During the past week we, the Strategy Team at Saxo Bank, released our Q3 Outlook called “The global fiscal panic”. I began the commodity section by writing the following: The global fiscal panic that we expect to unfold over the coming quarters will drive additional gains across several key commodities. Gold seems best positioned to benefit from a renewed race to the bottom in central bank rates and bond yields, while the risk of a renewed currency war could weaken the US dollar, another positive factor for commodities.
Steen Jakobsen, our CIO, highlighted the risks that renewed monetary policy easing might be unable to move the needle and deliver the sought-after boost to global growth. As a result, we are likely to see a shift towards global fiscal expansion with a focus on infrastructure, environment and inequality. One of the sectors standing to benefit the most from the increased spending of money that governments don’t have is commodities, not least gold as inflation is likely to come roaring back just a couple of quarters after it had been pronounced dead.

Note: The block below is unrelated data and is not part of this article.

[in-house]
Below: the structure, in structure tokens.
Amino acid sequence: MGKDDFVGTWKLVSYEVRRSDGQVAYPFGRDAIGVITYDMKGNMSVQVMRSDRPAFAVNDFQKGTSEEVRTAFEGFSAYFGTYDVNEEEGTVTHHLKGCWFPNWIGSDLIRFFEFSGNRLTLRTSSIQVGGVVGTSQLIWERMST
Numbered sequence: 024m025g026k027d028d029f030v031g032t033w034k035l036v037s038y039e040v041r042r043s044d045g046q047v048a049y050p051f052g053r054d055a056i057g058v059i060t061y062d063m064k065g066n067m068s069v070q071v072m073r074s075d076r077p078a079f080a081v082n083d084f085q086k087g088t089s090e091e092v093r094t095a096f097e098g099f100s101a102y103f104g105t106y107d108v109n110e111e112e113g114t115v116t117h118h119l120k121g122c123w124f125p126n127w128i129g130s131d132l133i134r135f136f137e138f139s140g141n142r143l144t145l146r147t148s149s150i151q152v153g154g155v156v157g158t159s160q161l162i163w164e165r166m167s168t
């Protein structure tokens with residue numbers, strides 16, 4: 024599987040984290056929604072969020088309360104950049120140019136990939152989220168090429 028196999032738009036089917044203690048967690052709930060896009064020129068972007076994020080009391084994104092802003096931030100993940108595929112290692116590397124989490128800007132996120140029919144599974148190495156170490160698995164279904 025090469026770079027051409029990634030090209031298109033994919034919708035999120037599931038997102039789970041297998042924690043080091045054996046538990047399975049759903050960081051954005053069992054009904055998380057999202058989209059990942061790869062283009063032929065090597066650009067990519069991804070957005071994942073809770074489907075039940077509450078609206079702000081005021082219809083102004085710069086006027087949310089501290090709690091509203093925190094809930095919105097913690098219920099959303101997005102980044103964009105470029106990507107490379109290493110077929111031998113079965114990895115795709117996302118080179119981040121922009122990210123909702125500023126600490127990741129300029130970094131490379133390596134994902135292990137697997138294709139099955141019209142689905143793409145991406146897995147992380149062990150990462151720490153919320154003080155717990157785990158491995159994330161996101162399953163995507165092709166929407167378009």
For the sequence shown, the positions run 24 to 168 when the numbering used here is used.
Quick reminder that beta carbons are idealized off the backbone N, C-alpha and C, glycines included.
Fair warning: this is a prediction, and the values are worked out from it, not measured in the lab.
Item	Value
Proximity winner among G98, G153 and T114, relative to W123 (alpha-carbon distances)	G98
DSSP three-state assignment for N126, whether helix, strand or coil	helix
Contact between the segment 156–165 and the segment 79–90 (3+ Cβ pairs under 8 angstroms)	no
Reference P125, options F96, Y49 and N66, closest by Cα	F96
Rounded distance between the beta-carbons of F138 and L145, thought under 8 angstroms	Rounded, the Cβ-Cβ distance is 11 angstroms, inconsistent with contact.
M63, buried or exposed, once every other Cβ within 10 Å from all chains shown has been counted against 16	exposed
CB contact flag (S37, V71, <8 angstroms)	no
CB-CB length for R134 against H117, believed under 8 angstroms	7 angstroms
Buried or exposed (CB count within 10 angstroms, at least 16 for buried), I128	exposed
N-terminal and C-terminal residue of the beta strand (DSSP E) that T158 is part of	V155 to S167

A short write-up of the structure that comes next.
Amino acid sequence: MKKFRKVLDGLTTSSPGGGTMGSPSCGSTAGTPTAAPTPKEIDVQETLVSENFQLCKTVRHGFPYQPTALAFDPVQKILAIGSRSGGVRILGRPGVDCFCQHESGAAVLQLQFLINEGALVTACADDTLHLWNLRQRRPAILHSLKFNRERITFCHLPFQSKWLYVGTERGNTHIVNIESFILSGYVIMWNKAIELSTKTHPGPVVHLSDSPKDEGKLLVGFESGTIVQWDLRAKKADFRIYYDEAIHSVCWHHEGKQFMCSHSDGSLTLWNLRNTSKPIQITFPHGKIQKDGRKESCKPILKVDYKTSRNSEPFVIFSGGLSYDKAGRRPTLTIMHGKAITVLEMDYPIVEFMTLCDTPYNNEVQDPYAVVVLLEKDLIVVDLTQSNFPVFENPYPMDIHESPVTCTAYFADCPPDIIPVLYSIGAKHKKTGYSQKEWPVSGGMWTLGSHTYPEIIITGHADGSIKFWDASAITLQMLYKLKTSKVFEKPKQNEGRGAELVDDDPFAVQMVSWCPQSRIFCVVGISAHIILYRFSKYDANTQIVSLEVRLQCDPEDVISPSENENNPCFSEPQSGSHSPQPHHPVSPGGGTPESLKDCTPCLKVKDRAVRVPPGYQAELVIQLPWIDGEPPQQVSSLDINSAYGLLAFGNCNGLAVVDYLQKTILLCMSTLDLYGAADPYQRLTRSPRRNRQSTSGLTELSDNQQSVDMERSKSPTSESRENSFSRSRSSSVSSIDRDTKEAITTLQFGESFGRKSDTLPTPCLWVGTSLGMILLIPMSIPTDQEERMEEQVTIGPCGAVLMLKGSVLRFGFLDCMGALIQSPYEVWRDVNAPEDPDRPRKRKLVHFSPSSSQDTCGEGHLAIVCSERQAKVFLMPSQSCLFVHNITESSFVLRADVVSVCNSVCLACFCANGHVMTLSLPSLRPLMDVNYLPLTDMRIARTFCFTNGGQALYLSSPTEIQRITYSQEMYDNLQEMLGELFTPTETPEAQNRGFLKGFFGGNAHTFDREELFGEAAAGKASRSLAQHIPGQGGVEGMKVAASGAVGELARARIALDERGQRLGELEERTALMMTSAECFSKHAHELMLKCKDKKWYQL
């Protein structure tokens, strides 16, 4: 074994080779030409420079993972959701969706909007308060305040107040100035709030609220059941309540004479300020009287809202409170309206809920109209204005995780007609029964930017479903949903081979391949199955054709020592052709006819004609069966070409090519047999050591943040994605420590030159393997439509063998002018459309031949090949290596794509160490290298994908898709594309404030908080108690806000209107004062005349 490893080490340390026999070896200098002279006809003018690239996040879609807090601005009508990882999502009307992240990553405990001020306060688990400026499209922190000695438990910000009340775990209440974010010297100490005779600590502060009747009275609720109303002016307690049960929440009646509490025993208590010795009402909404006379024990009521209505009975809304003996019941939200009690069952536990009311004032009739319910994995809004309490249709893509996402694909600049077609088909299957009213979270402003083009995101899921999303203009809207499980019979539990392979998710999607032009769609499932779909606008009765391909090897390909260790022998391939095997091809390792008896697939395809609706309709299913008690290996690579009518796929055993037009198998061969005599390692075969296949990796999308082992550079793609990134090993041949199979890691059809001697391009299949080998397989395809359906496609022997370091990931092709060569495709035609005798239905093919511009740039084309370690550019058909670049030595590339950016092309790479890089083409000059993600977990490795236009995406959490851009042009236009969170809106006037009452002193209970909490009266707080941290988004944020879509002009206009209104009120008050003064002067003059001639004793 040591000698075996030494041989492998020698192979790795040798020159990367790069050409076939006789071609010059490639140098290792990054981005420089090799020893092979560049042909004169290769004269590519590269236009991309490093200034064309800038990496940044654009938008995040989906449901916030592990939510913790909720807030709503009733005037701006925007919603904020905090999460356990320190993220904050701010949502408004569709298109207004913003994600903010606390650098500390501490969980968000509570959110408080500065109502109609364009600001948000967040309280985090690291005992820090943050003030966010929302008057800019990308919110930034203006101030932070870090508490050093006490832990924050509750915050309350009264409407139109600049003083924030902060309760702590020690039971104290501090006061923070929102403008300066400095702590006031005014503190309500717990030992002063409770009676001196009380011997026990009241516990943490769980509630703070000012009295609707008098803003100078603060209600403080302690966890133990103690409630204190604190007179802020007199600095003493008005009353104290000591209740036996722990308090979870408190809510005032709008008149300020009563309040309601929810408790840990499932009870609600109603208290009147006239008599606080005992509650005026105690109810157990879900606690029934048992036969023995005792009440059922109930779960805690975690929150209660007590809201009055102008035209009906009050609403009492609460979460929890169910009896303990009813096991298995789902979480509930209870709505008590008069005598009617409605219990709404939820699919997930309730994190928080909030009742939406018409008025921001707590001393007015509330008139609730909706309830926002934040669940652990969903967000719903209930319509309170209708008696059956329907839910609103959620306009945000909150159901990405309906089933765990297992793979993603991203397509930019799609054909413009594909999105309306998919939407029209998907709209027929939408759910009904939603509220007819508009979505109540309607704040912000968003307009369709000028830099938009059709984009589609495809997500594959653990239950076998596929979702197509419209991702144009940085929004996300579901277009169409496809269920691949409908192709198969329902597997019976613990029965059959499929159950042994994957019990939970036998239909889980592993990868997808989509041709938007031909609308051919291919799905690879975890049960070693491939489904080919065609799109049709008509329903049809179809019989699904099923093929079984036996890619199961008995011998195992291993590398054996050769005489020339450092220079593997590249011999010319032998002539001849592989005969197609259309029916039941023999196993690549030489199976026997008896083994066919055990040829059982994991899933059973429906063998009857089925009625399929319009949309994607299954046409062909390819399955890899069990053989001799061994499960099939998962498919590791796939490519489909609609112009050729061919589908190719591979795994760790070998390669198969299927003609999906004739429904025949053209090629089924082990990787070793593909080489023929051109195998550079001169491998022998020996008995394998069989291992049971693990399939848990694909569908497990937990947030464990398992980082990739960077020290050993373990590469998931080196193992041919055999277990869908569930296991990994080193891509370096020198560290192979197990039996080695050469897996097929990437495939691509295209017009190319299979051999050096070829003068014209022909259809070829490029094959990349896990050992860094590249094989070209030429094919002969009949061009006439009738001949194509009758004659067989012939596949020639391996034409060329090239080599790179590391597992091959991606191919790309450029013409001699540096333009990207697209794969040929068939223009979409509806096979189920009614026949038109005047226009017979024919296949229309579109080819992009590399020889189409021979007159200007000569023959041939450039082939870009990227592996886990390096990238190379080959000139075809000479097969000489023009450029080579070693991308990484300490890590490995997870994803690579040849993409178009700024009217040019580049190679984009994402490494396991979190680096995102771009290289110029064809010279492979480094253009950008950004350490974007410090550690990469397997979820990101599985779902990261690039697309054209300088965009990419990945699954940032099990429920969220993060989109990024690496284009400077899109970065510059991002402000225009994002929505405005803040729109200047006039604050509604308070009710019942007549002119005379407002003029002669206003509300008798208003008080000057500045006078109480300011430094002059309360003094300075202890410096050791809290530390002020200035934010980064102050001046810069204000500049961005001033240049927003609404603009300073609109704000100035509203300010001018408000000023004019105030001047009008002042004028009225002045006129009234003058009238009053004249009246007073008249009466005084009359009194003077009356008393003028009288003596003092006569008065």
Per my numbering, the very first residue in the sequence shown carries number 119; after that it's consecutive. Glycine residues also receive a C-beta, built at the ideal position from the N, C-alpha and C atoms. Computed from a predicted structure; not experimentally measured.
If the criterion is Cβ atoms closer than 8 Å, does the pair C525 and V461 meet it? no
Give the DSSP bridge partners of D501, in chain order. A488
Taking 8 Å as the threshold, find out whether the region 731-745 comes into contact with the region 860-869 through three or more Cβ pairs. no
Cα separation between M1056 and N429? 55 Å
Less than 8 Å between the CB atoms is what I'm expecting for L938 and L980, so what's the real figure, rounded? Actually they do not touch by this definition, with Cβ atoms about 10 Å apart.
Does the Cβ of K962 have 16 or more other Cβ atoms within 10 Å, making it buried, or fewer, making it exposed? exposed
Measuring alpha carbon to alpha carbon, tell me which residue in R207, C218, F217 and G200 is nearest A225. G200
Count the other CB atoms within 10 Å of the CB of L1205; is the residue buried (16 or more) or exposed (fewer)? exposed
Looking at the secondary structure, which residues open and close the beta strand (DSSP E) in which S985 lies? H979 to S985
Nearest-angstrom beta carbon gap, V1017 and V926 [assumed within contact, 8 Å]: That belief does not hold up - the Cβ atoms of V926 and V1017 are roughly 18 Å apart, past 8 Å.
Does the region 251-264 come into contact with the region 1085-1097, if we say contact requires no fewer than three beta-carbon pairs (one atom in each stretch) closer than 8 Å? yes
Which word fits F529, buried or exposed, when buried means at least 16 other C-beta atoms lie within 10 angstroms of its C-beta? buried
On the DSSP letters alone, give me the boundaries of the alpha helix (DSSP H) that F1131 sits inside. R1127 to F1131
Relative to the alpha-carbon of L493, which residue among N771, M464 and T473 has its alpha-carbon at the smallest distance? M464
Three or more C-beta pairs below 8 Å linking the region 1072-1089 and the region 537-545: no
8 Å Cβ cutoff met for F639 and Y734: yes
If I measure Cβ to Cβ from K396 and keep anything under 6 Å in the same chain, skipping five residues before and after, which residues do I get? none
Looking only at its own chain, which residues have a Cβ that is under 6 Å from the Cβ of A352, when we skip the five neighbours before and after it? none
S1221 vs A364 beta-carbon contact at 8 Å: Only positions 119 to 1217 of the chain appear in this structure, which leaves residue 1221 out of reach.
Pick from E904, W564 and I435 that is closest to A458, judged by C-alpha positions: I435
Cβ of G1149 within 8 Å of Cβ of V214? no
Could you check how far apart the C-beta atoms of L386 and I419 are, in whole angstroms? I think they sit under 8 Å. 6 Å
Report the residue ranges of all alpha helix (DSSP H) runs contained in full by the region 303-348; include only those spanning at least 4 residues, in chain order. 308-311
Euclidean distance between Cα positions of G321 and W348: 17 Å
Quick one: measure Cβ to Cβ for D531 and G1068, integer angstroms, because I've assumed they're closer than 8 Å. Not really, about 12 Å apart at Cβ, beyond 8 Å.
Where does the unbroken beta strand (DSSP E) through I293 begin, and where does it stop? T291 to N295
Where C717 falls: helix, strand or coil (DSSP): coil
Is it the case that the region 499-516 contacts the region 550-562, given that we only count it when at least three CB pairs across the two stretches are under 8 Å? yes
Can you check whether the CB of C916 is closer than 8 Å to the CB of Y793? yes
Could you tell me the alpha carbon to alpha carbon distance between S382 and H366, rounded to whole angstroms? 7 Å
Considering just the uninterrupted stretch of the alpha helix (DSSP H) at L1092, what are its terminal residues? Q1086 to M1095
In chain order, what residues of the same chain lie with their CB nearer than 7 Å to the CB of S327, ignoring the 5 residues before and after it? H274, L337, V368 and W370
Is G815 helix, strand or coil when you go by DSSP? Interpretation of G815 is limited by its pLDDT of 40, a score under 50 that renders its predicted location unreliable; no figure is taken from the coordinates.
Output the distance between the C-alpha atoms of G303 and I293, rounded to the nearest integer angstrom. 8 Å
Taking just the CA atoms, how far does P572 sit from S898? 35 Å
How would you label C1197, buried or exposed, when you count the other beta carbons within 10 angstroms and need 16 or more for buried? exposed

Two key events this past week related to the US Federal Reserve and the European Central Bank supported our view that a potential race to the bottom in rates is coming. In Europe, the political appointment of Lagarde to replace Draghi saw bond yields in southern European countries tumble in the belief that further support will be provided. In the US meanwhile, President Trump tapped a long-time dove and a onetime gold bug to fill the vacant slots at the Federal Reserve. Both if appointed could speed up the pace of incoming rate cuts, potentially weakening the dollar while giving gold a boost.
Two long tails and a double top on the weekly candle chart point towards additional short-term consolidation. The key area of support can be found at $1380/oz (38.2% retracement of the 2011 to 2015 sell-off) followed by the 2016 high at $1375/oz and 2018 high at $1366/oz.